California Goat Cheese, PART 2
Endless experimentation and a restless search
for new and better cheeses
Redwood Hill goat dairy made a name for itself in the 80s. Despite warnings from the Milk Advisory Board that the niche was filled, newcomer Capricious Cheese established its own unique reputation. This is the story of two very different goat dairies who found direct-marketing success with meticulous management and distinctive products.

By Lisa M. Hamilton

 

Farm at a glance:
Ginger Olsen
Capricious Cheese/MyTime Ranch

Size: 10 acres

Location: near Eureka, in Humboldt County, Calif.

Summary of operation: 100-150 head of Toggenburg and other breeds. Marketing seasonal, mold-ripened cheeses throughout the US.

 

Editor's Note:

Our West Coast-based freelancer Lisa M. Hamilton is back from Japan, where she did a series for us on Shumei Natural Agriculture, and reporting again on the many faces of sustainable and alternative farming in California. Recently she filed a pair of stories investigating the rising popularity of goat cheese in the US market. Up first: the management philosophy of Jennifer Bice at Redwood Hill Farm, one of the earliest and most successful goat cheese makers in the state. Next: marketing insights from Bice at Redwood Hill, and from newcomer Ginger Olsen, maker of Capricious Cheese at MyTime Ranch.

 

 

 

 

 

 

 

 

 

 

 

When Jennifer Bice’s family moved to the hills of Sonoma in 1968, nobody knew what chèvre was. Goats got a little credence from the Back to the Land movement, and health food customers embraced goats' milk and yogurt for their medicinal properties, but that was the extent of the market.

Then, in the 1980s, goats' milk had what Jennifer Bice calls the “gourmet crossover.”

Suddenly, when Jennifer did product demos at grocery stores, people who wouldn’t have stopped two years before would now lean across the samples of milk and yogurt to ask, “Don’t you make cheese?” Before too long, Redwood Hill stopped selling goats milk altogether—it was far more valuable as potential curd.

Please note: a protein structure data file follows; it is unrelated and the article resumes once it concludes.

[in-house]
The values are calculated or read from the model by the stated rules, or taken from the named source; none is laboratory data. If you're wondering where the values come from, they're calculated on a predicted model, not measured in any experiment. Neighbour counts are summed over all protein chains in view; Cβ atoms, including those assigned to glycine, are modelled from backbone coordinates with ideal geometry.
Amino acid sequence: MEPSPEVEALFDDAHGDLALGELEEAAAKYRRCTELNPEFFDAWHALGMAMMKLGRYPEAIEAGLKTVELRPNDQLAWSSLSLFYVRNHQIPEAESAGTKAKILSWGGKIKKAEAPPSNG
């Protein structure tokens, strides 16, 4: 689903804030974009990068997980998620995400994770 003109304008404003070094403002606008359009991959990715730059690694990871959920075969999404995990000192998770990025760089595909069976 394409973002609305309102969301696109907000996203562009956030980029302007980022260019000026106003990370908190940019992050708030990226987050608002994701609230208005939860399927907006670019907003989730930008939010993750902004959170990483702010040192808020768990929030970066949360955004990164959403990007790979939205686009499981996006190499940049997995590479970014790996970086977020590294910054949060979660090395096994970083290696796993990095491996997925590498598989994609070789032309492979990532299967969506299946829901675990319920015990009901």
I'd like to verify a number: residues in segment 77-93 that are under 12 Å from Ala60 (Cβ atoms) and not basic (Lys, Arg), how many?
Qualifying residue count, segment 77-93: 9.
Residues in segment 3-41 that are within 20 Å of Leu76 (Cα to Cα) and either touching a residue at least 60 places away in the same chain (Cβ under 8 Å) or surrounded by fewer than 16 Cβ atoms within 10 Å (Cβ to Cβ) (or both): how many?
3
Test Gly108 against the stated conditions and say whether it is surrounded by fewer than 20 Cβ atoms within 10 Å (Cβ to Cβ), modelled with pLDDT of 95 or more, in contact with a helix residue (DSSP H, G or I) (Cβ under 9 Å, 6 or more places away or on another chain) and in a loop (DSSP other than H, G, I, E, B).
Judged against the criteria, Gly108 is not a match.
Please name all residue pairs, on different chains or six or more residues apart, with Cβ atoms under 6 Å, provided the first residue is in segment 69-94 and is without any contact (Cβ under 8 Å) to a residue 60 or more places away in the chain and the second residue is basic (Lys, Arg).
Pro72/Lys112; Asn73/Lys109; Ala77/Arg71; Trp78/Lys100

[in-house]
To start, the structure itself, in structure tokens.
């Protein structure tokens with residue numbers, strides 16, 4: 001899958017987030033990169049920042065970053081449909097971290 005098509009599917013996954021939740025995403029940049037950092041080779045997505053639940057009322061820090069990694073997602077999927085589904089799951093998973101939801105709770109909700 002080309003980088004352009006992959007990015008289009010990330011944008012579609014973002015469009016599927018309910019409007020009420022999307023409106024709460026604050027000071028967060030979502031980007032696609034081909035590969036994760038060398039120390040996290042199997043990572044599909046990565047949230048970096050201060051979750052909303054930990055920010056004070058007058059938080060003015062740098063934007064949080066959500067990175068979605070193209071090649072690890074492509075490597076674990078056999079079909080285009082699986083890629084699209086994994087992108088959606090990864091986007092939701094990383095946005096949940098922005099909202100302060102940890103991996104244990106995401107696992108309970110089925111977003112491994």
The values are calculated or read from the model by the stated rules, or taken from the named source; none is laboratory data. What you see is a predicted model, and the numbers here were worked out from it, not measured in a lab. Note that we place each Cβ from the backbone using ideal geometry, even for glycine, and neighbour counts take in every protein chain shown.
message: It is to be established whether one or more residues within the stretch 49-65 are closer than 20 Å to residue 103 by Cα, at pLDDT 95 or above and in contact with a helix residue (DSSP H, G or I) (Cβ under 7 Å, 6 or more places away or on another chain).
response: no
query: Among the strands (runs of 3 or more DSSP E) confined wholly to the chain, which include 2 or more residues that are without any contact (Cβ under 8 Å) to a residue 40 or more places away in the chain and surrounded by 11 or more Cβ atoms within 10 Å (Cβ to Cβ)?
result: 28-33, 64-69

Originally, Jennifer and her husband thought they would make cheeses common in America, such as ricotta, mozzarella, and cheddar. But as their line grew to include ten distinct products, only sharp cheddar stuck. The farm’s success has come by abiding the cardinal rule of small cheesemakers: You can’t compete with Kraft, so you have to be original. Today, they make four kinds of chèvre (including a seasonal, chocolate-flavored version), three unique French-style cheeses, as well as niche-fillers like feta and sharp cheddar made from raw milk.

Cheesemakers who have arrived more recently have a new cardinal rule: You can’t compete with Redwood Hill. That’s the sort of advice Ginger Olsen heard at a Milk Advisory Board cheesemaking seminar in 1998. The class aimed to encourage failing cow dairies in northern California’s Humboldt County to diversify out from their milk contracts. Though failing goat dairies like hers weren’t officially invited, she posed as a cow person and heard the advice that shapes her business to this day: “Make something that’s special. Make something that’s yours.”

From there, she and her partner patched together an education. They visited cheesemaking farms, including Redwood Hill. They learned how to roll cheese from a team of brawny factory workers who made fun of the tiny women even as they insisted on perfection. Their friend Maggie talked them through making their first cheese, which they named Oscar and for weeks nurtured on whatever kitchen counter was available. And gradually, bouncing between the aid of friends and a local cheese company, they figured out how to transfer home cheesemaking to a commercial scale.

The only thing that remained to be done was finding their cheese. Aware that the market was awash in chèvre and other fresh varieties, they knew they wanted to make an aged cheese—but that was it. So they experimented, following the second rule of artisan cheesemaking: take notes on everything you do, even mistakes.

They made a raw milk jack cheese that eventually exploded on them—literally—wasting a year’s worth of work. But alongside it they had made a similar cheese with pasteurized milk, and through a gradual series of adjustments that were minute, sometimes accidental, and always recorded, they came up with Capricious Cheese. In 2002, it won Best of Show at the American Cheese Society’s annual contest.

One basic strategy, a wealth of distinct cheeses